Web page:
The Desert Fiber Arts Guild will feature the creations of two of its members, Larry Taylor and Niel Kierulff, at its Exulting in Fibers exhibition this month at the Allied Arts Gallery in Richland.
And just like in the fairy tale, Rumplestiltskin, Taylor and Kierulff have a knack for spinning flax and wool into gold.
Taylor, and not the former Benton County Sheriff Taylor, favors designs based on structure rather than color, said Christine Simonen, with the Fiber Arts Guild.
"Larry produces fine linens from his draw loom. He is a member of the national Complex Weavers group and is a retired chemist," she said.
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"Niel is a buckskinner, a re-enactor of the fur trading era in the early 1800s. He is a master spinner of flax and wool, besides constructing traditional garments and accessories of that period.
"Desert Fiber Arts Guild is so fortunate to have them and we have benefited from their expertise."
The cool thing to remember about art is that not all mediums are strictly a right brain function.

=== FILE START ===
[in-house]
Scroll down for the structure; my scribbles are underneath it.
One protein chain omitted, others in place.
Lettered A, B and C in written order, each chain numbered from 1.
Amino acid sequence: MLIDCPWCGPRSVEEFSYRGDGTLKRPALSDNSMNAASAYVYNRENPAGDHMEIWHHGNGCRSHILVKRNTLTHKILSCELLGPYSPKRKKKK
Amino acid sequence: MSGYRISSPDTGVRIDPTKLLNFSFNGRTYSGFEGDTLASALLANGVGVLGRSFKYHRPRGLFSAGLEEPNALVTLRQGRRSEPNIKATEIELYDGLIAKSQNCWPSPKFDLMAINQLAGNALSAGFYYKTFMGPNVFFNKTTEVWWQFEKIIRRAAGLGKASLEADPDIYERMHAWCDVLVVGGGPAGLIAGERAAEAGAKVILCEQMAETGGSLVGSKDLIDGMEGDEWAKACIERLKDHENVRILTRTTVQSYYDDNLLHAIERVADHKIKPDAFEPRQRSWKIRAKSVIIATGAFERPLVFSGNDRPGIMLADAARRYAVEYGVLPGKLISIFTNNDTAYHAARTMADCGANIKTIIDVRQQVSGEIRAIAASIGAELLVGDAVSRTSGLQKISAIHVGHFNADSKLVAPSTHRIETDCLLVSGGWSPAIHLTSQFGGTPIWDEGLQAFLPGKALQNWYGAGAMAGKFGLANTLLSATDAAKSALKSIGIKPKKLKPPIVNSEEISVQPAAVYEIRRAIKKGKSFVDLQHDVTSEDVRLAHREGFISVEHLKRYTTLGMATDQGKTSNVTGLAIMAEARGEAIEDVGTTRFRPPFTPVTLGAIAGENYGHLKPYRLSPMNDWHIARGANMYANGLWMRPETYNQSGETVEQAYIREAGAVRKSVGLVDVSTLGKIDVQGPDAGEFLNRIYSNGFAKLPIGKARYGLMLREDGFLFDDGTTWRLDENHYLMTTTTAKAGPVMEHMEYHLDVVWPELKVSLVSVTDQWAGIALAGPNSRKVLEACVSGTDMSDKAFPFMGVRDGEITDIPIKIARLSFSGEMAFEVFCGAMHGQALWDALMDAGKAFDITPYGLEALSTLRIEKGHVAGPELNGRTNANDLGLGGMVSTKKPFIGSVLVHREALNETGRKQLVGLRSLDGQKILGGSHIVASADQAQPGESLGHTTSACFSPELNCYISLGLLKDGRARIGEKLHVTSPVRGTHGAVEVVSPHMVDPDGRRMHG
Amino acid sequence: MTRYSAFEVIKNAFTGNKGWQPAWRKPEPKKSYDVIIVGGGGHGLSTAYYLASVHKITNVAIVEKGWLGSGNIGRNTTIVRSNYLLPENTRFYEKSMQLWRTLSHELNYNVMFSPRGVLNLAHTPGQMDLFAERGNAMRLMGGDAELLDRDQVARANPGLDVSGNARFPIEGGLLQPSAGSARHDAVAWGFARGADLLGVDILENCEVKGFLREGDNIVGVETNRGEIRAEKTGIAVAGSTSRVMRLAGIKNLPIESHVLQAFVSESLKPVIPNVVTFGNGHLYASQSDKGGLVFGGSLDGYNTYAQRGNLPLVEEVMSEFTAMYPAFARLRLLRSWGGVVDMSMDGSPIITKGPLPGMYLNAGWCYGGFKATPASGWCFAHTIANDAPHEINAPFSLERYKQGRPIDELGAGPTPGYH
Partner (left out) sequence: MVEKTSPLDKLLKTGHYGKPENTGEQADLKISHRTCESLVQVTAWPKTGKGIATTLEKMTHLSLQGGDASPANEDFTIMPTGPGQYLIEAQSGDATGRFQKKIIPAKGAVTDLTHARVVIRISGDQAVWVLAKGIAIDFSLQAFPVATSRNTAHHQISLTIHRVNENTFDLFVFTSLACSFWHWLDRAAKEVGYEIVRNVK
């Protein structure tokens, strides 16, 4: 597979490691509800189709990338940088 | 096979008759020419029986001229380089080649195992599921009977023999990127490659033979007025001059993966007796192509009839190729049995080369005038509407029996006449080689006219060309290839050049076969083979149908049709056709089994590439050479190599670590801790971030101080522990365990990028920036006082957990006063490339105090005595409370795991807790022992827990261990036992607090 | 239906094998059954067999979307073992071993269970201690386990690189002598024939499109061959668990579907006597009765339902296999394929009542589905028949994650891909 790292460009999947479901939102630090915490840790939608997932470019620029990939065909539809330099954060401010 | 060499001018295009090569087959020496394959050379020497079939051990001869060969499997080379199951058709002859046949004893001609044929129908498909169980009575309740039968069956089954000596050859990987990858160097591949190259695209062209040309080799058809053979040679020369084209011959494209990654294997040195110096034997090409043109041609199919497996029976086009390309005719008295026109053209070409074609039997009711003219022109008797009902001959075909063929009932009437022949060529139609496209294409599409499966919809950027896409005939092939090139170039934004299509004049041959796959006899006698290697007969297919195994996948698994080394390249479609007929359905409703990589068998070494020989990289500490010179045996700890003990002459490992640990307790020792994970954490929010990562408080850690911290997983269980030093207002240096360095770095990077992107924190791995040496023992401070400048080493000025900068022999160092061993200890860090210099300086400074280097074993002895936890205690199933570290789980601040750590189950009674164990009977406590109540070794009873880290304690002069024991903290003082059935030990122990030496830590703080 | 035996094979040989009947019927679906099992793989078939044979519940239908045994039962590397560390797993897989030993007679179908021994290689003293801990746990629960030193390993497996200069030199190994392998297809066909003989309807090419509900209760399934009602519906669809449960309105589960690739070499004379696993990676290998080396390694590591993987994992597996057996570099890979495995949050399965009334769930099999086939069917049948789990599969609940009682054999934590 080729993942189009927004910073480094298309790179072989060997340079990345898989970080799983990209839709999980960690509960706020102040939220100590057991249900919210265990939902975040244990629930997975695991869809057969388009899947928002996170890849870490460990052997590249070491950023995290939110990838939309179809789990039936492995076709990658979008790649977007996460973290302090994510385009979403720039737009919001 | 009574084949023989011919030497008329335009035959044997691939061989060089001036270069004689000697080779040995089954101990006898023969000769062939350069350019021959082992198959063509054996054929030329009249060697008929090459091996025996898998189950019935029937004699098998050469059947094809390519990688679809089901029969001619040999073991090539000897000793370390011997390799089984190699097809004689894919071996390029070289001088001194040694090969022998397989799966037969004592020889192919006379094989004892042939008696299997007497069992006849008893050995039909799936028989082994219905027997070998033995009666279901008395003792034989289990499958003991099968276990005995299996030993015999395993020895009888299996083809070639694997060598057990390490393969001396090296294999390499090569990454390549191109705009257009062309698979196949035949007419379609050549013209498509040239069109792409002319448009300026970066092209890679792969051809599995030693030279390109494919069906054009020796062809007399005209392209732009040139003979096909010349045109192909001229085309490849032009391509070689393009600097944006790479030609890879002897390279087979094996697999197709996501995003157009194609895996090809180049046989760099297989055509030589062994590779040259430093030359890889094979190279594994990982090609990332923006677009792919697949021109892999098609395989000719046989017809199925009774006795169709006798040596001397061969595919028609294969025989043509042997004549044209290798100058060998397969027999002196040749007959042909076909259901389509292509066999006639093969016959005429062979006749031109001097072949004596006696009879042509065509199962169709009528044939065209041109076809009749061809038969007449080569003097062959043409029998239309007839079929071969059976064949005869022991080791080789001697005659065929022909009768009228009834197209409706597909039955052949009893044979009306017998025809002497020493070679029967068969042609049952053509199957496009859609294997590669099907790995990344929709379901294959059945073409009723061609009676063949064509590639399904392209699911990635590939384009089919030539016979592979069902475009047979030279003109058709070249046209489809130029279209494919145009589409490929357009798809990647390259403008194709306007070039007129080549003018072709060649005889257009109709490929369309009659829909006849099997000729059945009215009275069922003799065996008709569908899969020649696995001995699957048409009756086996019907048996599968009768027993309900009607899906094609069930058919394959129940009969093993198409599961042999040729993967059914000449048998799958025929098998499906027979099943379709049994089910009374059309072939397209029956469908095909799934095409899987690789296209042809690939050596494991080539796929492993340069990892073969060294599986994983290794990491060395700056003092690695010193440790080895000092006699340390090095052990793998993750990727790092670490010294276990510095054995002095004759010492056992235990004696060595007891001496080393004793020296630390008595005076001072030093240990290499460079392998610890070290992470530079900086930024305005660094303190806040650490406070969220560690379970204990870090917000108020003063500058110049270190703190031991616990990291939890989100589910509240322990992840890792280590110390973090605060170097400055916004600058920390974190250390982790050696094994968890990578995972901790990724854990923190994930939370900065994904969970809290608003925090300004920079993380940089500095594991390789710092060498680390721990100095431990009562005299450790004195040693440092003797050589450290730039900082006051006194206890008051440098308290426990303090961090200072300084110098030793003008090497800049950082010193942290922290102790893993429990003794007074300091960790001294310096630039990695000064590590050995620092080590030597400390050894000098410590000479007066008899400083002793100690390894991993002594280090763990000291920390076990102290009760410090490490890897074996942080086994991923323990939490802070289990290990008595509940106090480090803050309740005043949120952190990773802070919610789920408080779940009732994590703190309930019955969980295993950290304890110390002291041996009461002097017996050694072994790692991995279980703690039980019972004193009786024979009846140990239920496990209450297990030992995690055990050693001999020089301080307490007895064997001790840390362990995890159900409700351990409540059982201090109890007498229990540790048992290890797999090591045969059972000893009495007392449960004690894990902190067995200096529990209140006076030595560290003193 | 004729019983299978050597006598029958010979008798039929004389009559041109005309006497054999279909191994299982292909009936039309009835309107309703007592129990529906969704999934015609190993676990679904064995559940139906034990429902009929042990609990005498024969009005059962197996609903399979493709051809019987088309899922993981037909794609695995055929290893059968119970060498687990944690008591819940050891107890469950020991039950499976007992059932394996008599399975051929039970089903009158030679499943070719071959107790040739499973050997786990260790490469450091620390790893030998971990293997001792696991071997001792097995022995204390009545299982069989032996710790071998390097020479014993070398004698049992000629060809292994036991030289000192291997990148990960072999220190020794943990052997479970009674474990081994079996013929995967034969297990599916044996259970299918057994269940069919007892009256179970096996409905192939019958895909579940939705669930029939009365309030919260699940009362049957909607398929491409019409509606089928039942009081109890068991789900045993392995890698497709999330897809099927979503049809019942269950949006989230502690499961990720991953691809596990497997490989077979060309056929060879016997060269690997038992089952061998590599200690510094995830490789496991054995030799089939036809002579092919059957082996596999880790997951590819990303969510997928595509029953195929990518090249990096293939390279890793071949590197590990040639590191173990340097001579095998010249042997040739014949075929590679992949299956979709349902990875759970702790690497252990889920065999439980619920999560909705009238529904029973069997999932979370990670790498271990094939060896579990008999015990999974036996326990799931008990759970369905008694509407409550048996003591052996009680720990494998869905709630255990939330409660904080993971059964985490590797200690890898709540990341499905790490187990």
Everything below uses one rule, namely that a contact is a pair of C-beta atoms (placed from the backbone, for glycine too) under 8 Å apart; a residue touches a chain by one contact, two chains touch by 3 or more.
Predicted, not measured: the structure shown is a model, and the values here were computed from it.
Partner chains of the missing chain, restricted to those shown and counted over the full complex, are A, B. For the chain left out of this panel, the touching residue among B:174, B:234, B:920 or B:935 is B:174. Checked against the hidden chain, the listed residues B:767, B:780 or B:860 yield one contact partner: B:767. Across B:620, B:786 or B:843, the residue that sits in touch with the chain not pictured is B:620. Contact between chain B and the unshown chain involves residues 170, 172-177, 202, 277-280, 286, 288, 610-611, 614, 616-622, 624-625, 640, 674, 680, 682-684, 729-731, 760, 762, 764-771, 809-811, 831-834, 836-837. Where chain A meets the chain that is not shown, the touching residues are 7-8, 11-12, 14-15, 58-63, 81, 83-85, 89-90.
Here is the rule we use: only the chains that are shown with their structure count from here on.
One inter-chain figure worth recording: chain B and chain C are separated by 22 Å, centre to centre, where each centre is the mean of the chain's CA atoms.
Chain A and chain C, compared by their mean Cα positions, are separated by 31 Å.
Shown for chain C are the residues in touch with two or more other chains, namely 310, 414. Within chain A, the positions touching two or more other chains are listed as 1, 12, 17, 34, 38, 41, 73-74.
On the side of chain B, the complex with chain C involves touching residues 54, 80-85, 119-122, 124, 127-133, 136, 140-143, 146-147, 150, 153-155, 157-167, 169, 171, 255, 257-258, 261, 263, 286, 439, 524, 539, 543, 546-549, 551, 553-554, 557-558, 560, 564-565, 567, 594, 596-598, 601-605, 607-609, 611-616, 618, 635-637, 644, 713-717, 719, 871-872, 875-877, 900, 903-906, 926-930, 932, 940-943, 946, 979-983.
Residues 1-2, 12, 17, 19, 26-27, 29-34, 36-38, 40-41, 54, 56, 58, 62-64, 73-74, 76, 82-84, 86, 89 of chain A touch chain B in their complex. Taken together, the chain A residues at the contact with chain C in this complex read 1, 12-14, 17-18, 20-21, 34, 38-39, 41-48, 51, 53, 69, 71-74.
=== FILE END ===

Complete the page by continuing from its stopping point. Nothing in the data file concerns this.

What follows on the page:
Some, like in fiber art, are culled from mathematical concepts. Knitting, quilt making, cross-stitching, crocheting, embroidery and weaving all require a bit of figuring using algebra or geometry.
Many fashion designers have also claimed a new line of clothing they created was inspired by the work of various mathematicians.
The Desert Fiber Art Guild has about 90 members, five of whom are men, from all over the Mid-Columbia. Its annual show features a wide range of fiber art creations. The exhibit remains on display through Jan. 28.
There will be live demonstrations of spinning and weaving every Thursday from 11:30 a.m. to 1 p.m. during the exhibit.
"The exhibit provides an interesting juxtapostion of traditional 17th century fine craft and the contemporary figber art pieces with a decidedly 21st century edge," said Rosemarie Quirk, chairwoman for Allied Arts Association.
"The pieces on display this month represent the work of many fiber artists throughout the Tri-Cities. While some of the items on exhibit are traditionally what one might expect in a fiber arts show -- wall hangings, sweaters, scarves, baskets -- many other pieces are extremely good examples of contemporary modern and at times very abstract art work. I find the contrast of these contemporary abstract art pieces and the history of the traditional spinning and weaving methods a testament to the progression of fine craft from the utilitarian to a fine art form."
There is no admission fee to the gallery at 89 Lee Blvd., next to Howard Amon Park in Richland.
*Dori O'Neal: 582-1514; firstname.lastname@example.org